Nutritional Deficiencies in Celiac Disease

Susan H. Barton, Darlene G. Kelly, Joseph A Murray

Research output: Contribution to journalReview article

38 Citations (Scopus)

Abstract

Celiac disease is characterized by small bowel enteropathy, precipitated in genetically susceptible individuals by the ingestion of "gluten," which is a term used to encompass the storage proteins of wheat, rye, and barley. Although the intestine heals with removal of gluten from the diet, the intolerance is permanent and the damage recurs if gluten is reintroduced. This damage causes a wide variety of consequence including maldigestion and malabsorption, resulting in the characteristic, although not universal, features of malnutrition. This article examines recent advances in the understanding of the spectrum of celiac disease, illustrates the impact of celiac disease on nutrition, and describes approaches to the management of the disease.

Original languageEnglish (US)
Pages (from-to)93-108
Number of pages16
JournalGastroenterology Clinics of North America
Volume36
Issue number1
DOIs
StatePublished - Mar 2007

Fingerprint

Glutens
Celiac Disease
Malnutrition
Hordeum
Disease Management
Triticum
Intestines
Eating
Diet
Proteins

ASJC Scopus subject areas

  • Gastroenterology

Cite this

Nutritional Deficiencies in Celiac Disease. / Barton, Susan H.; Kelly, Darlene G.; Murray, Joseph A.

In: Gastroenterology Clinics of North America, Vol. 36, No. 1, 03.2007, p. 93-108.

Research output: Contribution to journalReview article

Barton, Susan H. ; Kelly, Darlene G. ; Murray, Joseph A. / Nutritional Deficiencies in Celiac Disease. In: Gastroenterology Clinics of North America. 2007 ; Vol. 36, No. 1. pp. 93-108.
@article{dc290051ffc94babbd928b71730a7229,
title = "Nutritional Deficiencies in Celiac Disease",
abstract = "Celiac disease is characterized by small bowel enteropathy, precipitated in genetically susceptible individuals by the ingestion of {"}gluten,{"} which is a term used to encompass the storage proteins of wheat, rye, and barley. Although the intestine heals with removal of gluten from the diet, the intolerance is permanent and the damage recurs if gluten is reintroduced. This damage causes a wide variety of consequence including maldigestion and malabsorption, resulting in the characteristic, although not universal, features of malnutrition. This article examines recent advances in the understanding of the spectrum of celiac disease, illustrates the impact of celiac disease on nutrition, and describes approaches to the management of the disease.",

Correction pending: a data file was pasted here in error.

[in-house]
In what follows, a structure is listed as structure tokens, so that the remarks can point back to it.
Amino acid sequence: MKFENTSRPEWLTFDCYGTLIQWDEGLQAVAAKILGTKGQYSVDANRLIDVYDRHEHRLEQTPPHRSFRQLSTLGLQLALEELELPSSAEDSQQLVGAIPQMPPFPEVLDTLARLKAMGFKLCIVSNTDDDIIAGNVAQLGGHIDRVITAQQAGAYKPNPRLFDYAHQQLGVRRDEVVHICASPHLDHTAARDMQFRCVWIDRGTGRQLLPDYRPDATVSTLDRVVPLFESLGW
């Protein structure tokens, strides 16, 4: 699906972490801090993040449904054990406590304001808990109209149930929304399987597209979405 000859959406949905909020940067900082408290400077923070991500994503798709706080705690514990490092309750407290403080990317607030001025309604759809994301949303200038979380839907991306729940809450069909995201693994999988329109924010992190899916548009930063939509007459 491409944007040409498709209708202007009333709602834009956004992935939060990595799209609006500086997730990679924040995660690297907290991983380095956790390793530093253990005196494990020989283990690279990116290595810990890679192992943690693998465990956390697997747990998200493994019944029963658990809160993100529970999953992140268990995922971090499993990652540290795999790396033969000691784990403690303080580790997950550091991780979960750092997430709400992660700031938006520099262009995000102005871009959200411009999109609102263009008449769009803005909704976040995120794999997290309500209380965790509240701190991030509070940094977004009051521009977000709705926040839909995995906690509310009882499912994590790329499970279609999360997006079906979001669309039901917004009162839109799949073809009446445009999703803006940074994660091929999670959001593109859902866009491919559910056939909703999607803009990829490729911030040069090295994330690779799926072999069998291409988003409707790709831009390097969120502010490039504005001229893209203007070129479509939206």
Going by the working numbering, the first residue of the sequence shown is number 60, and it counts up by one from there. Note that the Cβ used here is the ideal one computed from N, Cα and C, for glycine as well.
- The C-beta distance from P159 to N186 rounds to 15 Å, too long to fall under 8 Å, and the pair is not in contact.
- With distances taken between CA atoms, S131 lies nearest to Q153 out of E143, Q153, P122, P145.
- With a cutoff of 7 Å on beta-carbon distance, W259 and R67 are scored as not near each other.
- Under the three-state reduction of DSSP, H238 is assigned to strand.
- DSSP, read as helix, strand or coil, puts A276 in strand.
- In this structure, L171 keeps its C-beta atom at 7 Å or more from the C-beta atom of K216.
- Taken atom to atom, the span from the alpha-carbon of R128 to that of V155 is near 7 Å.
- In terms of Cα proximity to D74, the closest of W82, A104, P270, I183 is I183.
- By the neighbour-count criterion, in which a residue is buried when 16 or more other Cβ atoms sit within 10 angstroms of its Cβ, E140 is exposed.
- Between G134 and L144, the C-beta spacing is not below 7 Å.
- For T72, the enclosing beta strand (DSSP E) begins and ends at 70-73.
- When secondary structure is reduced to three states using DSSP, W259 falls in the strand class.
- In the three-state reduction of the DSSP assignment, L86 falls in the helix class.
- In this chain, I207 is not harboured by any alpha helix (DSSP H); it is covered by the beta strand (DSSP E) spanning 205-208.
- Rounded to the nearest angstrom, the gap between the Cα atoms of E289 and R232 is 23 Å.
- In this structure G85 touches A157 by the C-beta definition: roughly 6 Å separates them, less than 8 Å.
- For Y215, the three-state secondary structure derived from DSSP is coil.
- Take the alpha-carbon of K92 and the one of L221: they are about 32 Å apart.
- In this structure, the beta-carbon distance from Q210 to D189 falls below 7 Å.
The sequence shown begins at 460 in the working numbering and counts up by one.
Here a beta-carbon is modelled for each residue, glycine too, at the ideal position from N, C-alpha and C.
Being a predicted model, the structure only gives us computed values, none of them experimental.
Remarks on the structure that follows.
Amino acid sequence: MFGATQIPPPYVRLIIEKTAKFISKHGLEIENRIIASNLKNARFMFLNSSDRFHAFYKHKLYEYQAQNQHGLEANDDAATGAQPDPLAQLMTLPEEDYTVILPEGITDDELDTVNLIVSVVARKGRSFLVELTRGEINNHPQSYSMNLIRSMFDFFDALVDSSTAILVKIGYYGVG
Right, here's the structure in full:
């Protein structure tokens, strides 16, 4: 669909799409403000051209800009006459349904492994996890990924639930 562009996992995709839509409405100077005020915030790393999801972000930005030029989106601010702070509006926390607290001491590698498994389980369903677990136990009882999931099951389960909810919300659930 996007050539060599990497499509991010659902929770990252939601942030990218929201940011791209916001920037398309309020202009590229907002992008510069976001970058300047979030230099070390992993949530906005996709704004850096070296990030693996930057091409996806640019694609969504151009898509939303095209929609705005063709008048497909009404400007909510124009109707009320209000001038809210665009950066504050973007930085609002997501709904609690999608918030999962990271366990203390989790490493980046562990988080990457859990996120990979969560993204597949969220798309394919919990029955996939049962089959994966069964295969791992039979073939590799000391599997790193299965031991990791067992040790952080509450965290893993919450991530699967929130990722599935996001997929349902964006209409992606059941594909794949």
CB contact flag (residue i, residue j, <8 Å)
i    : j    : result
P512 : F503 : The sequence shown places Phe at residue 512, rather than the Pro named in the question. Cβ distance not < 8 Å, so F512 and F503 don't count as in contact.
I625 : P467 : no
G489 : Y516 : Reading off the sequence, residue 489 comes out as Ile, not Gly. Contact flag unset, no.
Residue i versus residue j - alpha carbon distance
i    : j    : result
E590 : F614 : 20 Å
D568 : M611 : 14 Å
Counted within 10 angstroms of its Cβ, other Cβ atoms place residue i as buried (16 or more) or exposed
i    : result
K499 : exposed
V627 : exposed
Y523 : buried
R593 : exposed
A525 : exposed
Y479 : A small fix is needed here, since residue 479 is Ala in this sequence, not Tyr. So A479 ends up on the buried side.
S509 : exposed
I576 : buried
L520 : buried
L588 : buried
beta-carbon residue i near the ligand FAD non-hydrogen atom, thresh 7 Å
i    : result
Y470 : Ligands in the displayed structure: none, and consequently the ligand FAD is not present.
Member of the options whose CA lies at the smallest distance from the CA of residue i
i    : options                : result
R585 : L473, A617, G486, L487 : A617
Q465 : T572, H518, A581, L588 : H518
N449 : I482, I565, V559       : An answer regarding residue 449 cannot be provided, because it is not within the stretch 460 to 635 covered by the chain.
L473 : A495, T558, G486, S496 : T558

author = "Barton, {Susan H.} and Kelly, {Darlene G.} and Murray, {Joseph A}",
year = "2007",
month = "3",
doi = "10.1016/j.gtc.2007.01.006",
language = "English (US)",
volume = "36",
pages = "93--108",
journal = "Gastroenterology Clinics of North America",
issn = "0889-8553",
publisher = "W.B. Saunders Ltd",
number = "1",

}

TY - JOUR

T1 - Nutritional Deficiencies in Celiac Disease

AU - Barton, Susan H.

AU - Kelly, Darlene G.

AU - Murray, Joseph A

PY - 2007/3

Y1 - 2007/3

N2 - Celiac disease is characterized by small bowel enteropathy, precipitated in genetically susceptible individuals by the ingestion of "gluten," which is a term used to encompass the storage proteins of wheat, rye, and barley. Although the intestine heals with removal of gluten from the diet, the intolerance is permanent and the damage recurs if gluten is reintroduced. This damage causes a wide variety of consequence including maldigestion and malabsorption, resulting in the characteristic, although not universal, features of malnutrition. This article examines recent advances in the understanding of the spectrum of celiac disease, illustrates the impact of celiac disease on nutrition, and describes approaches to the management of the disease.

AB - Celiac disease is characterized by small bowel enteropathy, precipitated in genetically susceptible individuals by the ingestion of "gluten," which is a term used to encompass the storage proteins of wheat, rye, and barley. Although the intestine heals with removal of gluten from the diet, the intolerance is permanent and the damage recurs if gluten is reintroduced. This damage causes a wide variety of consequence including maldigestion and malabsorption, resulting in the characteristic, although not universal, features of malnutrition. This article examines recent advances in the understanding of the spectrum of celiac disease, illustrates the impact of celiac disease on nutrition, and describes approaches to the management of the disease.

UR - http://www.scopus.com/inward/record.url?scp=34247540825&partnerID=8YFLogxK

UR - http://www.scopus.com/inward/citedby.url?scp=34247540825&partnerID=8YFLogxK

U2 - 10.1016/j.gtc.2007.01.006

DO - 10.1016/j.gtc.2007.01.006

M3 - Review article

VL - 36

SP - 93

EP - 108

JO - Gastroenterology Clinics of North America

JF - Gastroenterology Clinics of North America

SN - 0889-8553

IS - 1

ER -